Labour Briefing: You’ve been fighting for a fair deal for nurses since the student bursary was abolished by the current government. Your latest campaign has resulted in the RCN chief executive and council standing down and calling a fresh election to council positions. How do you engage and mobilise an audience of nurses that is traditionally fragmented and generally opposed to strikes and direct action?
Danielle Tiplady: It is a common misconception that nurses are opposed to more direct actions - it is just that for a long time we have not harnessed our voices and energy. After years of cuts to our profession nurses are tired but also angry. We are at the point where enough is enough. Engaging people is hard, though: we have a huge workforce spread out all over the country. Firstly you need to tap into issues that matter to nurses and utilise every avenue you can and be imaginative with it.
I’m fortunate to have a group of fantastic activist friends in the RCN and together we are creative with social media for our campaigning, whether this be making videos, sharing photos, petitions and testimonies or by opening up debates.
Then there is the 'boots on the ground' style campaigning such as going to leaflet outside hospitals at grim handover times (6.30am), putting on meetings, and going around the hospitals to talk to colleagues. I am not afraid to challenge the status quo and say sometimes difficult things. People recognise that and then feel able to speak up as well.
Nurses’ anger is there - it is palpable. They just need to have an avenue to channel it and people telling them that they believe in them.
What can other campaigners take from this in engaging grassroots and building activism?
As activists we have to believe in one another, and support and listen to one another, in order to build an effective campaigning force. Use all channels open to you and - where relevant - work with groups pursuing similar aims. As a Labour Party member I work with comrades from across the UK, speak at events on the impact of austerity, cuts and privatisation to all our public services - with a focus on the NHS and nursing. This involves working in particular with unions, the People’s Assembly and Labour Assembly Against Austerity.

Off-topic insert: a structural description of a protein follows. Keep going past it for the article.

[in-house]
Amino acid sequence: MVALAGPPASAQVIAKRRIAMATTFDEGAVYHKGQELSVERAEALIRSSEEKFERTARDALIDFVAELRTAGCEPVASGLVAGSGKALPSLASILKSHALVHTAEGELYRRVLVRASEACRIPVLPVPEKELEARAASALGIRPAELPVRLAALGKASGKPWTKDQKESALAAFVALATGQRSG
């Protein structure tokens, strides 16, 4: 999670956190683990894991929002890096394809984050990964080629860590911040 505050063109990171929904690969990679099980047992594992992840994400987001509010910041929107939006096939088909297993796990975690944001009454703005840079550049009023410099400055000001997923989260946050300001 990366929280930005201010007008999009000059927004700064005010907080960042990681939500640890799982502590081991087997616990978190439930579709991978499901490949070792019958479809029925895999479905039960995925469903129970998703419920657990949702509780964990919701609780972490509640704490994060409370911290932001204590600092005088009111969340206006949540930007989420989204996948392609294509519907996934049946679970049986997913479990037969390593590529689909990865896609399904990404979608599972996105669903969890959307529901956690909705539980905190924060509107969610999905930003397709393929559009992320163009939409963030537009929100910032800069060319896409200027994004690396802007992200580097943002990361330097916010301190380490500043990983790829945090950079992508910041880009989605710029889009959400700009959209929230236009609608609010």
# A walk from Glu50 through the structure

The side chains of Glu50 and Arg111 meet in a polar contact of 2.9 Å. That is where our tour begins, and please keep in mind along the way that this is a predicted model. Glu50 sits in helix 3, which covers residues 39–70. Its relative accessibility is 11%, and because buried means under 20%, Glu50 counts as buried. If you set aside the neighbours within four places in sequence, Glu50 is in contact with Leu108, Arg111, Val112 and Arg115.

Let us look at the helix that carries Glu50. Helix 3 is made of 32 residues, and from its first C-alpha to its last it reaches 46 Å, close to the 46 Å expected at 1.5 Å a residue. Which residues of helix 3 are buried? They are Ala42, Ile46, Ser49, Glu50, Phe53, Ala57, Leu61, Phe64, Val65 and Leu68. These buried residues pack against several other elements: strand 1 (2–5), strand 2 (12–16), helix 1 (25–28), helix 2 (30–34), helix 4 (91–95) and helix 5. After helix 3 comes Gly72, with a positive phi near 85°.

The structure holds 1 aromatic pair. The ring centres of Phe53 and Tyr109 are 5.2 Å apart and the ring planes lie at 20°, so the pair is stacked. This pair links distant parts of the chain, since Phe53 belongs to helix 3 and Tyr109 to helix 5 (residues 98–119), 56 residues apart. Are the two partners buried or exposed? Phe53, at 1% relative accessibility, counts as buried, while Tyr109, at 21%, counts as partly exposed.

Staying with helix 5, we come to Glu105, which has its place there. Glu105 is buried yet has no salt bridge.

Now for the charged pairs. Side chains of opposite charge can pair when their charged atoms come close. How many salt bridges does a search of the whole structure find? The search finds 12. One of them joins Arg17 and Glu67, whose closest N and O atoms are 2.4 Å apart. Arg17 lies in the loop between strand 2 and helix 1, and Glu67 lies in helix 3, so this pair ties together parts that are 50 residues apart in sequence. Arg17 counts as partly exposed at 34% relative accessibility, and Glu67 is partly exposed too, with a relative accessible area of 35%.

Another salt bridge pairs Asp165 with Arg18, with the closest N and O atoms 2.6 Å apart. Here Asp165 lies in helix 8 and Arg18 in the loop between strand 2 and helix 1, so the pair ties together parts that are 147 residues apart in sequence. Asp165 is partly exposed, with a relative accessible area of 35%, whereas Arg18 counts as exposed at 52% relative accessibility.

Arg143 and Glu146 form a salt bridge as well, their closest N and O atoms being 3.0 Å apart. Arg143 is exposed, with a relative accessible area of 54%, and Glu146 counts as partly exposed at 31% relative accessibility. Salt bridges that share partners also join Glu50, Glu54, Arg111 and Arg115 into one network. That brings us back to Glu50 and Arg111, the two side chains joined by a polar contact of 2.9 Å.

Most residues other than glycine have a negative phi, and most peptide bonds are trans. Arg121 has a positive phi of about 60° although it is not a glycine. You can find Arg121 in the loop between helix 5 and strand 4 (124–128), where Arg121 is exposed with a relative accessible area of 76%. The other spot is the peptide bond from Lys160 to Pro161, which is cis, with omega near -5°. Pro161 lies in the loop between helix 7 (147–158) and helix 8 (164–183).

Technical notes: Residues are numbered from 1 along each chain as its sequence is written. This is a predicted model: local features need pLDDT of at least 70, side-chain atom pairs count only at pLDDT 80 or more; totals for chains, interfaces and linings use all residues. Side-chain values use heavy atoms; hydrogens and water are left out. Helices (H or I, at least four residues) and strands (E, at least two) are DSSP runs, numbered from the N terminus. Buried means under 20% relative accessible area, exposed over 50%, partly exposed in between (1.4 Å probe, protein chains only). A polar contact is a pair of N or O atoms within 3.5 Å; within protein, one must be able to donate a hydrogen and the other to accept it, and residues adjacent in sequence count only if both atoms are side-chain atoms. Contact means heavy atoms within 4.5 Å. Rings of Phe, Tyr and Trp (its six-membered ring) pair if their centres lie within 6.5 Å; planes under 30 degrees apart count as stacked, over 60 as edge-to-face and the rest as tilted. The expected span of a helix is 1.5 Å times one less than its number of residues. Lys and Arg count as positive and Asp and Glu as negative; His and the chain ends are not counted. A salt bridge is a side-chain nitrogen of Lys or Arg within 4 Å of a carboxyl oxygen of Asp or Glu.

I’d urge all activists to take every opportunity to speak about your issue in local and national media on platforms with those who support - and oppose - you. This can be scary at first, but be brave, clear and authentic, with all your facts to hand, and this empowers others. If I can do it, anyone can!
What are some of the highlights of your campaigning?
My biggest highlight is becoming part of the international community of activists. I’ve learned so much from different people I’ve met from all over the globe. It’s surprising what you learn - not only about local issues and global connections, but also about yourself by being involved in activism. Having tea and cake with Jeremy Corbyn and a group of nurses during the general election was one of the most memorable moments. It was an honour to sit and discuss my profession with such a wonderful man and some very impressive nurses. Speaking at the Scrap the Cap nurses’ rally at Parliament last year, the atmosphere was electric - the feeling of unity between all of us RCN members was something special which I will never forget.
Where do you get your inspiration and motivation to continue campaigning, while studying and working in a high pressure environment?
My motivation comes from believing we can make a better world. There is an alternative. I have always been political but when I was at university and the government took away the student nurse bursary, that was the final straw. That’s when I become very active, because I knew that the bursary meant the difference between working class students being able to study for nursing and not.
I happened to start being active politically around the same time as Jeremy’s first leadership campaign. This was purely a coincidence - but the change in the leadership and approach of the Labour Party has been a huge support and inspiration to believe that real transformation is possible.
I am inspired daily by my colleagues. Determined, knowledgeable, hard working and full of technical skill. Nurses deserve so much better than how things are now. And I’m motivated by working with like-minded campaigners to ensure a Corbyn-led Labour government.
What's next on your list?
At present the role of General Secretary of the RCN is appointed. I strongly believe that this key role should be elected. So to make our union more accountable and democratic this is something I’ll be campaigning for. Unfortunately, I can’t stand as a member of the RCN council as I haven’t been a member long enough. So I will be supporting Tom Bolger for the London seat as he has the necessary skills and qualities to reclaim our union into the hands of the members.
There are 42,000 nursing vacancies across the UK at present and as a result our working conditions are becoming increasingly challenging. Nurses go without breaks on a daily basis, sometimes even without going to the toilet as our ratio of patients increases. We desperately need to ensure we have the correct number of nurses in clinical areas so patients get the care they deserve. This is why I will be campaigning for the government to introduce safe staffing laws.
Overall I will be continuing to pursue pushing for a Jeremy Corbyn-led Labour government. Labour is the only party with policies that understand nursing and that would make this country a better place to pursue a nursing career. From reinstating the bursary, to safe staffing, to fair pay, Labour policies would encourage recruitment and retention of nurses in our NHS.